There's been a lot of chatter this week about used games, mostly spurred by the news that Xbox One games will come with one-time registration codes, meaning you can't just swap them with your friends or trade them at a GameStop.
Microsoft has promised some sort of ecosystem for used games, but the Xbox manufacturer has been sketchy about the details, probably because they're not finalized yet. Still, by the time we get our hands on the Xbox One, the concept of a "used game" as we know it may no longer exist.
Some think this is a horrendous, consumer-unfriendly move. Others argue that it could help the video game industry stay alive. Today, Ben Kuchera wrote an interesting article over at the Penny Arcade Report, concluding that the death of used games could lead to a healthier video game industry:
Without the used market sucking up all those sales and all that consumer money, it's very possible we'll see Steam-style sales on older or bundled games on the Xbox One. It's not a sure thing, but killing used games is going to free up a ton of money for companies to try new ideas in terms of sales and pricing. The people who get innovative and take advantage of this structure will thrive. The rest are likely to slowly choke on the new economics of game development.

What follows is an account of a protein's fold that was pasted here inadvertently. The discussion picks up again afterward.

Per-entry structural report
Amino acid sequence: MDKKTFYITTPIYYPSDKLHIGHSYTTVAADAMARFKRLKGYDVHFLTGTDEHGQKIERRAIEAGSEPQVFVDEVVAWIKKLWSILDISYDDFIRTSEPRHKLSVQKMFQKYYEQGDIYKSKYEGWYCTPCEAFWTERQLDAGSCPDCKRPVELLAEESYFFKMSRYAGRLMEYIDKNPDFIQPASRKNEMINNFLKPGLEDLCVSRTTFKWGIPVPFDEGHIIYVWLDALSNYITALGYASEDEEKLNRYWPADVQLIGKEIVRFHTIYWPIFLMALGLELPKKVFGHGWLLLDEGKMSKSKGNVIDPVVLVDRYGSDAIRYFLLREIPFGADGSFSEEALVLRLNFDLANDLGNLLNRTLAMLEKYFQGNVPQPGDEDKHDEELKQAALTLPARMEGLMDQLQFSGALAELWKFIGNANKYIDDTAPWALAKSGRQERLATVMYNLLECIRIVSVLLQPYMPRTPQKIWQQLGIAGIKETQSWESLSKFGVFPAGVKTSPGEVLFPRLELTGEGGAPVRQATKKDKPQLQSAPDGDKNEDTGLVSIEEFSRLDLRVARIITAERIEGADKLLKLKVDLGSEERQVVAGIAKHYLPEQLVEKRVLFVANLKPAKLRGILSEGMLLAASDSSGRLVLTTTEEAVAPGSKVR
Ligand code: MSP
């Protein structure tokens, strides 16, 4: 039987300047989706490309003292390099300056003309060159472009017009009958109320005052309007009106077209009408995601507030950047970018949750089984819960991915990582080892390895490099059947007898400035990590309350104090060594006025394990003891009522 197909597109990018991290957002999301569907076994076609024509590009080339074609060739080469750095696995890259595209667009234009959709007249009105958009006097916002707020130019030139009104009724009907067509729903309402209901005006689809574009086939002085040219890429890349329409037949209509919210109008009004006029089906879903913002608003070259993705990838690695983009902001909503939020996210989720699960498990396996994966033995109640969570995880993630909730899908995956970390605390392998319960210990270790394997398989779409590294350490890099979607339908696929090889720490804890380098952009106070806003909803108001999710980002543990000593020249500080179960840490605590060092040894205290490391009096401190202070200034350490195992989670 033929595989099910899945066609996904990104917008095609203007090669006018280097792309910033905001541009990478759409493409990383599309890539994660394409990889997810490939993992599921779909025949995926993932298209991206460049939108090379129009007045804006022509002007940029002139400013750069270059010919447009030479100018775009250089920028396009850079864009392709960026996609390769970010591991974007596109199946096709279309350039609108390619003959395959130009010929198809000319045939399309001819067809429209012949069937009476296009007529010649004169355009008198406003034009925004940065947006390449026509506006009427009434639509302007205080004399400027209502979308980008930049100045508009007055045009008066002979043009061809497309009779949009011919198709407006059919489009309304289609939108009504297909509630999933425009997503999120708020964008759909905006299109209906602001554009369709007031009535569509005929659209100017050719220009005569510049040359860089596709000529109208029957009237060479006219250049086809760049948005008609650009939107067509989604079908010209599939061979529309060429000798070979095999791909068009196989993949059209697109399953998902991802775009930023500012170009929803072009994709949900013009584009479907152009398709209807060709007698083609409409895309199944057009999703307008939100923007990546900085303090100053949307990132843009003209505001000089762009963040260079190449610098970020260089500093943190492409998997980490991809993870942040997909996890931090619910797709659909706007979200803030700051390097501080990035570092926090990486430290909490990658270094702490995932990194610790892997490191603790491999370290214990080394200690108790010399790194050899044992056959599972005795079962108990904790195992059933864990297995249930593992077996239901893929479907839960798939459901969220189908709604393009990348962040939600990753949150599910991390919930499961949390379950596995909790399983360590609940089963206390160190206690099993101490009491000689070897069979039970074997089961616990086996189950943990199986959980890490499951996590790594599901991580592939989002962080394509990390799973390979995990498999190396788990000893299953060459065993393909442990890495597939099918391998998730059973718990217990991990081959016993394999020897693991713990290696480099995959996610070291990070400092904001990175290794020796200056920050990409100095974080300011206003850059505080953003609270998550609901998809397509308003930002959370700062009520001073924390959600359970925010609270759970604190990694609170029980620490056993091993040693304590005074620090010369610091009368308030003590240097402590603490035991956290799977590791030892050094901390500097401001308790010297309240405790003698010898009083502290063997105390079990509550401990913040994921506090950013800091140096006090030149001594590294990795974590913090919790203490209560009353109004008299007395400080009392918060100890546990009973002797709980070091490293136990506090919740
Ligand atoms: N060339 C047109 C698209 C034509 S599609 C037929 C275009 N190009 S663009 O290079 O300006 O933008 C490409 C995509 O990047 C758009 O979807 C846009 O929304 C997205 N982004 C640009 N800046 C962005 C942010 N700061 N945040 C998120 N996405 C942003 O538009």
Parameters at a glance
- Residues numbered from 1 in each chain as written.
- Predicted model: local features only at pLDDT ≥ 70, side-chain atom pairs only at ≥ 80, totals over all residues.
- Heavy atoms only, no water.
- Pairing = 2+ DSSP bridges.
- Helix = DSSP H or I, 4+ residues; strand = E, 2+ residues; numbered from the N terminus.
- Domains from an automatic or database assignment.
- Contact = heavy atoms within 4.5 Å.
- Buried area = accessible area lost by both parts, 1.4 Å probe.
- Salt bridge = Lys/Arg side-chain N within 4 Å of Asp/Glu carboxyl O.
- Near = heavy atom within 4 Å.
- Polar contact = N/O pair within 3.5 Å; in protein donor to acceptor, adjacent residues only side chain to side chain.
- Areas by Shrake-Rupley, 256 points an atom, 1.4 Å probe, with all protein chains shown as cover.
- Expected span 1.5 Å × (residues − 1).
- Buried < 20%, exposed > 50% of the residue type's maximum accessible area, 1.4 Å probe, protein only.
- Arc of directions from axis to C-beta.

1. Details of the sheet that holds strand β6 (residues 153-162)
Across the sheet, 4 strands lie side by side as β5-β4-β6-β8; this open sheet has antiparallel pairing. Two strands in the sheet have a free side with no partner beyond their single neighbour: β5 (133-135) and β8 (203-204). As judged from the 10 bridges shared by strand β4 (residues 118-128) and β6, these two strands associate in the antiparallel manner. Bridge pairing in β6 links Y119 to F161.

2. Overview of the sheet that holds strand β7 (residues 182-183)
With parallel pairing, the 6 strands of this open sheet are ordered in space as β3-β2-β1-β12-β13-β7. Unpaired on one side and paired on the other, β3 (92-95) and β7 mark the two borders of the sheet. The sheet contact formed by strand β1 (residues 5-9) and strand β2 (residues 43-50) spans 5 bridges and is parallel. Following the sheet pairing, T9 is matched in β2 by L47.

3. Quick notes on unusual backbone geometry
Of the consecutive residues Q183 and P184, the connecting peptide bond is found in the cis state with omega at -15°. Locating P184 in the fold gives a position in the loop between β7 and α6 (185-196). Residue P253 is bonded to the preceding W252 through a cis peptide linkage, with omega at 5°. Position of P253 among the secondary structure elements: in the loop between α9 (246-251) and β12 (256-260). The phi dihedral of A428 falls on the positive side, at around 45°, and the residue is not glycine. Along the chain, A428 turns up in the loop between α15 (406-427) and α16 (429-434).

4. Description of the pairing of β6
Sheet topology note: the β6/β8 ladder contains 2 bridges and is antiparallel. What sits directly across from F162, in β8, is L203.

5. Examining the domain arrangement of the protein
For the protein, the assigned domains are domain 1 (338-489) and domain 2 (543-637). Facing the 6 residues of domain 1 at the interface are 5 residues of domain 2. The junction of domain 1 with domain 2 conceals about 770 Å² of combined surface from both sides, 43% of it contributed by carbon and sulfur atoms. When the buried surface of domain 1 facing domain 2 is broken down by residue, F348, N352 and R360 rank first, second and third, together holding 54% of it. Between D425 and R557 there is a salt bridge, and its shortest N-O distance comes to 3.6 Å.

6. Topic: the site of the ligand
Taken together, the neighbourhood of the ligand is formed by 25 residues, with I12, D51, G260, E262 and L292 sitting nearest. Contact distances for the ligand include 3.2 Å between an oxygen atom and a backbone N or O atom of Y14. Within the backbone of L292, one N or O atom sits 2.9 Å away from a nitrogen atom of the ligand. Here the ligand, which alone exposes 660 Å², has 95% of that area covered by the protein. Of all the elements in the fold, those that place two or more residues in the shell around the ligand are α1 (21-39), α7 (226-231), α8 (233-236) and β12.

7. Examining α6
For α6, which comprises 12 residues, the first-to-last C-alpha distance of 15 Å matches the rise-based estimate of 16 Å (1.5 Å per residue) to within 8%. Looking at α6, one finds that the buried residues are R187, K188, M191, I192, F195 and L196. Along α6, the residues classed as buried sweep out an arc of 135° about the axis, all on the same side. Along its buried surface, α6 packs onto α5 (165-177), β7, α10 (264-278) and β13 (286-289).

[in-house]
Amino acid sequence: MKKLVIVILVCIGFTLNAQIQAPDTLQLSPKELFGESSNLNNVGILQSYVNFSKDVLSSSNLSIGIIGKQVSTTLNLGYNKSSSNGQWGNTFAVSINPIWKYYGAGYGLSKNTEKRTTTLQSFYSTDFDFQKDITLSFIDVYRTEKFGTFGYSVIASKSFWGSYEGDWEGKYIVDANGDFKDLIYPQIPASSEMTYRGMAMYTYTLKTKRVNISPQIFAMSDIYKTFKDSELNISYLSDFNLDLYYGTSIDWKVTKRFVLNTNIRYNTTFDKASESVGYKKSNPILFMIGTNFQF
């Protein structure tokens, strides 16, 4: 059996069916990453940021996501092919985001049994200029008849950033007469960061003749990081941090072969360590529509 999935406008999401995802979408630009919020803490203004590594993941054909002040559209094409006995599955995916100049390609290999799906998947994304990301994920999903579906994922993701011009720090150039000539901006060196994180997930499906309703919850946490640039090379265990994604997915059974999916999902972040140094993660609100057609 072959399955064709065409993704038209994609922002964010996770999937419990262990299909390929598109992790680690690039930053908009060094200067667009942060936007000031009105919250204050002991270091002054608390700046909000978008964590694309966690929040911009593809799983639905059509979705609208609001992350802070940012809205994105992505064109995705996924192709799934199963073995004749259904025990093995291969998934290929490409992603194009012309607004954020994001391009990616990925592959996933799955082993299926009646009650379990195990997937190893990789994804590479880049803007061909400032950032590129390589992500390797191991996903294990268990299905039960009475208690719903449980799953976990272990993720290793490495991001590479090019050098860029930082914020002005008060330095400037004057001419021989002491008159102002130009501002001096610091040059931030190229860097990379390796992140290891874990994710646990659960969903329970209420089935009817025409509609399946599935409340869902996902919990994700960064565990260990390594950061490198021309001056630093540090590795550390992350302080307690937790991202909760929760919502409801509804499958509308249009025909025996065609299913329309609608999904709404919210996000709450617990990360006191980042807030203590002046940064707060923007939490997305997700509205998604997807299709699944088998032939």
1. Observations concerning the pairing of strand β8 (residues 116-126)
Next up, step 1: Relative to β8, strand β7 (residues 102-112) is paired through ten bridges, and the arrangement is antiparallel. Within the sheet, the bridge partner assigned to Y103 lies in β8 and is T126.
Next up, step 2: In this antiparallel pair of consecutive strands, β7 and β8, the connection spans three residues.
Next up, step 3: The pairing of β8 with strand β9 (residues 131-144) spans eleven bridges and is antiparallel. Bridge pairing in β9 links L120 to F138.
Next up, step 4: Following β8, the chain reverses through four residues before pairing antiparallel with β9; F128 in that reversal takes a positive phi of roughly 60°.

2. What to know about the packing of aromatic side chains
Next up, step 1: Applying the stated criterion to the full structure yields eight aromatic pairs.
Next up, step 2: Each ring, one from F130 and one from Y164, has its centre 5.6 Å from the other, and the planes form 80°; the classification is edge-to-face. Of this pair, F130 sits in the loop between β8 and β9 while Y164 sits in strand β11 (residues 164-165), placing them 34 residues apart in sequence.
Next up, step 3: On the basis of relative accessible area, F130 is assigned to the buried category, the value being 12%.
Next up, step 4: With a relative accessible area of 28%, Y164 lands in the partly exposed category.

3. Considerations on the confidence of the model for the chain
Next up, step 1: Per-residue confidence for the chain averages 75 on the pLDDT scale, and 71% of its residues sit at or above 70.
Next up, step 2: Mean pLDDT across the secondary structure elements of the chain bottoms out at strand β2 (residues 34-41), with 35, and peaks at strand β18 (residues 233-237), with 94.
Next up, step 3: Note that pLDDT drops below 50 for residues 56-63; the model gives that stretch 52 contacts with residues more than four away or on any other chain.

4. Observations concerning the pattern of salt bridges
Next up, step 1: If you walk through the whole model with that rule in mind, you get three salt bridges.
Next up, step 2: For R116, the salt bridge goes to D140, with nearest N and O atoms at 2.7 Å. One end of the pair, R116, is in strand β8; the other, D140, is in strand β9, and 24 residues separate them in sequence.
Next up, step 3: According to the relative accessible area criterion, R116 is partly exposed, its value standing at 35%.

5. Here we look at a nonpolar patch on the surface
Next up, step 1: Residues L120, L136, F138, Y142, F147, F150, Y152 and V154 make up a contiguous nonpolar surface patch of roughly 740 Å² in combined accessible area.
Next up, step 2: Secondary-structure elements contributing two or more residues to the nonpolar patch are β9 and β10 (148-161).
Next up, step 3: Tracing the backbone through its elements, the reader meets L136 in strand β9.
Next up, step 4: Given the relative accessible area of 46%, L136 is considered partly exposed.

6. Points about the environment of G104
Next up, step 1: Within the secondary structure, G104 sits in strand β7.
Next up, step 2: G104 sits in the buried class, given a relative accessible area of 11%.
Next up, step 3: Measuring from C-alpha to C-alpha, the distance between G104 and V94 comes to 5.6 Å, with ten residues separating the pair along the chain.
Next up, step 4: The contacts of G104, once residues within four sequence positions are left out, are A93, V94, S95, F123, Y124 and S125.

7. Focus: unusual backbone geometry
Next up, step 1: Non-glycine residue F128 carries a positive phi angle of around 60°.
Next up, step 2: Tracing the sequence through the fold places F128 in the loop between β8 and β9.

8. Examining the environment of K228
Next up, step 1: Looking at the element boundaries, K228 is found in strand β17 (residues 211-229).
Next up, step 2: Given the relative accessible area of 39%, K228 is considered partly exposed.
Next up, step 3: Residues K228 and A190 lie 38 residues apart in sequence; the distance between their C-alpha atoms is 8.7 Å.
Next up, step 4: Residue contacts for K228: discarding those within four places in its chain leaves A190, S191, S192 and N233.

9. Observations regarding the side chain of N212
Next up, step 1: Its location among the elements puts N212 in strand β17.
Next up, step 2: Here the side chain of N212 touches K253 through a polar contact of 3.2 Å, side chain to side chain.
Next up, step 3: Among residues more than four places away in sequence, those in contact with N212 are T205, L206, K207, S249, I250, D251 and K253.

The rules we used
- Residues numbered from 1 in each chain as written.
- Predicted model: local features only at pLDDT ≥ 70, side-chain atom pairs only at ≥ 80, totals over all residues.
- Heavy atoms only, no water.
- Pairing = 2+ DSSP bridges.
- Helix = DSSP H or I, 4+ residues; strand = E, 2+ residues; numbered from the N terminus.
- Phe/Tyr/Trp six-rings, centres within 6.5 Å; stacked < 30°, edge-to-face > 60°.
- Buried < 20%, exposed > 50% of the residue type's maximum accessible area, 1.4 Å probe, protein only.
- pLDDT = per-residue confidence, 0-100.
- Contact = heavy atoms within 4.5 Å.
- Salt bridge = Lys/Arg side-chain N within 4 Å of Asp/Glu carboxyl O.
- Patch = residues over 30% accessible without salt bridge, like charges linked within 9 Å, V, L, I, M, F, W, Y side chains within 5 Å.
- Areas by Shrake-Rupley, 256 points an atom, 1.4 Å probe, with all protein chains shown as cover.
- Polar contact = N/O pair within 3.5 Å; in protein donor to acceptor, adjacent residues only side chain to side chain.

It needs to be made clear, if all the studio closings and constant lay-offs haven't made this explicit: The current economics of game development and sales are unsustainable. Games cost more to make, piracy is an issue, used-games are pushed over new, and players say the $60 cost is too high. Microsoft's initiatives with the Xbox One may solve many of these issues, even if we grumble about it. These changes ultimately make the industry healthier.
I don't disagree with many of Kuchera's points—in fact, I've made some similar arguments about how a world without used games might not be so bad—and he's totally right that the current state of the video game industry is unsustainable. If Microsoft could facilitate a digital network as affordable and convenient as Steam, it will hurt far less when they rip away our right to borrow video games. And, hell, maybe that will happen.